1636: The Saxon Uprising — Snippet 04

1636: The Saxon Uprising — Snippet 04

In the event, it was the experienced staff officers who raised the objections and the young new colonel who kept his mouth shut.

“But what’s the point, sir?” asked Anthony Leebrick. His tone of voice was not quite peevish, but awfully close to it. “There’s no chance at all that the Austrians will attack Bohemia from the north.”

“I understand that,” said Mike. “But Holk and his army are still out there somewhere. They’ve attacked Bohemia before, you know.”

Leebrick almost choked. While he struggled to regain his composure, Colonel Christopher Long spoke up. “The most recent information we have places Holk’s forces near Breslau, General Stearns. If he was going to invade Bohemia from there, he’d most likely strike through Trutnov rather than marching all the way back through Saxony to come down the Elbe.”

Long used the German name for the city, Breslau, instead of the Polish name Wroclaw. That reflected no particular anti-Polish bias on his part, simply a linguistic preference. He was as fluent in German as he was in his native English, and had only a smattering of Polish.

“Leaving that aside,” chimed in the third of Mike’s staff officers, Colonel Ulbrecht Duerr, “I think the chance of Holk attacking Bohemia under the current circumstances is about as likely as a lady’s lap dog deciding to attack a bear. The time he assaulted Prague was after Wallenstein had taken his army out to meet the Austrians and Holk thought the city was undefended.” He barked a sarcastic laugh. “And then look what happened! The sorry bastard was driven off by fucking Jews and university students. Do you really think he’s now going to challenge Wallenstein himself — not to mention our division?”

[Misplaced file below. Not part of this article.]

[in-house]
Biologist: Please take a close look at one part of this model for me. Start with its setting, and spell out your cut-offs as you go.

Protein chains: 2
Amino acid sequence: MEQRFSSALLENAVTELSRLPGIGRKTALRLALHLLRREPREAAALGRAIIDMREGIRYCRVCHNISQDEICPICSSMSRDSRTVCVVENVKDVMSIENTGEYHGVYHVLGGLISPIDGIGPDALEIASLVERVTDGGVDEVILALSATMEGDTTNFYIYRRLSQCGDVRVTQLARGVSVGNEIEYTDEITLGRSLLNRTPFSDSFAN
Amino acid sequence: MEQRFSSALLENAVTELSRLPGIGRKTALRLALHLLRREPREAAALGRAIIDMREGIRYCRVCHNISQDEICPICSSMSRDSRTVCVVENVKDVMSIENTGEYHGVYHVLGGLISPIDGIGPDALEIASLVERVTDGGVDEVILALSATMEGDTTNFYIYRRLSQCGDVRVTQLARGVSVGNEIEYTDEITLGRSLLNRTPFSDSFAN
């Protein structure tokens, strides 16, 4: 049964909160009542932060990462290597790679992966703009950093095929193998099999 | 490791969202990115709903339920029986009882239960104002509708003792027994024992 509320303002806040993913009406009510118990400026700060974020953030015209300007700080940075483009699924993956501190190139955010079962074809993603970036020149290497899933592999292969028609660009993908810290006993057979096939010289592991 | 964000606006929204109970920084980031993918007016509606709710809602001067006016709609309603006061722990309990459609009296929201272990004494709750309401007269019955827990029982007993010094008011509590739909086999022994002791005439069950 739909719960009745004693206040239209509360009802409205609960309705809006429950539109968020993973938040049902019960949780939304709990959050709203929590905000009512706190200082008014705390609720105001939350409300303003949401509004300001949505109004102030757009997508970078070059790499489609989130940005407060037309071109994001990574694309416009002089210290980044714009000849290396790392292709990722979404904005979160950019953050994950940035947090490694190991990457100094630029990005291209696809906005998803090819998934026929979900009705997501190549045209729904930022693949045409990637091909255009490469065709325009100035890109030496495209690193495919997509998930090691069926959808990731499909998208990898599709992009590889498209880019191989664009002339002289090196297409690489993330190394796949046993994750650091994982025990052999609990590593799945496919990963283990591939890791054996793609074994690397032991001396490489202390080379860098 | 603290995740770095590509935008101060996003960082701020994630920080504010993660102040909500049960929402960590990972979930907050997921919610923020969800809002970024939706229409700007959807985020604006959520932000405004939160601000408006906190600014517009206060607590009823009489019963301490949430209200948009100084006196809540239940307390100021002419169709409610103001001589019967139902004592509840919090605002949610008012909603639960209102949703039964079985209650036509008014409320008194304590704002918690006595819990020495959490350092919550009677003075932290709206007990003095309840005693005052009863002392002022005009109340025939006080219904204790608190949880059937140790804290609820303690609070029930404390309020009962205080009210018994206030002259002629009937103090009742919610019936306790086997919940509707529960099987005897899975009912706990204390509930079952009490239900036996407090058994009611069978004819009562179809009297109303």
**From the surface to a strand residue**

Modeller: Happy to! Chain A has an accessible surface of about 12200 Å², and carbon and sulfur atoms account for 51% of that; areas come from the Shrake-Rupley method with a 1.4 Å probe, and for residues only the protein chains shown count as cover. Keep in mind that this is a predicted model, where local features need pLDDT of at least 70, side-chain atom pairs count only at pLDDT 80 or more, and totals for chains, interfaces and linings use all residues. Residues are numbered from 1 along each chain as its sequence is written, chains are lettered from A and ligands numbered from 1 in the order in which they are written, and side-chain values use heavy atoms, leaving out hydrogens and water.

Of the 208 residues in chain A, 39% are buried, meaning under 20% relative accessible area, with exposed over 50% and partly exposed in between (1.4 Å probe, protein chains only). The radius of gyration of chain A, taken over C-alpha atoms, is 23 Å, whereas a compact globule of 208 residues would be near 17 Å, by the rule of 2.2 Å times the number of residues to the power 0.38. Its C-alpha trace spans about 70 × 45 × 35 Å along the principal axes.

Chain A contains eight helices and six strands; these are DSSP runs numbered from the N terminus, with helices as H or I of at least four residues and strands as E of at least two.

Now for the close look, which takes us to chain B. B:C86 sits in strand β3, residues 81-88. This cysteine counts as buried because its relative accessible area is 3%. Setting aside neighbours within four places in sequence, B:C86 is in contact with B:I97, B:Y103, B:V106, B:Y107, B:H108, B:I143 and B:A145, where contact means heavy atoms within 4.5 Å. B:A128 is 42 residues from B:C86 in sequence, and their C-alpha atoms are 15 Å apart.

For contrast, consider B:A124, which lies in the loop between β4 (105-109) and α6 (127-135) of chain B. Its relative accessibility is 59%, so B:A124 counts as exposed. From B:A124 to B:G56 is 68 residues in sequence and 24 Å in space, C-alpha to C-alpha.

Long’s geographical reasoning was impeccable, Duerr’s assessment of Holk’s state of mind was dead on the money, and Mike had considerable sympathy for Anthony Leebrick’s exasperation with his commanding general’s lapse into lunacy. But he was still going to stick to his decision, so the only suitable tactic was inscrutable generalissimo-ness.

“Gentlemen, my mind is made up. I appreciate your advice, but the decision stands and there’s no point thrashing it over again.”

They’d been meeting in one of the rooms on the upper floor of Tetschen’s largest tavern. As was de rigeur in seventeenth-century warfare, Mike had requisitioned the tavern for his temporary headquarters — which, of course, would now become the more-or-less permanent headquarters of the regiment he was planning to leave behind after the rest of the Third Division resumed its march to Prague.

Up till now, the tavern-keeper had been quite happy with the situation. Mike still had enough USE dollars in the division’s coffers to pay in cash. The man would probably be a lot less happy once Mike left and the regiment staying behind explained the new financial arrangements.

Mike swiveled in his chair to look at that regiment’s commander. Unlike the three staff officers, who were sitting at the table with Mike, Colonel Jeff Higgins had chosen to perch himself atop a small side table by the door. The arrangement struck Mike as a bit on the chancy side. Higgins was a big man and that side table looked awfully rickety.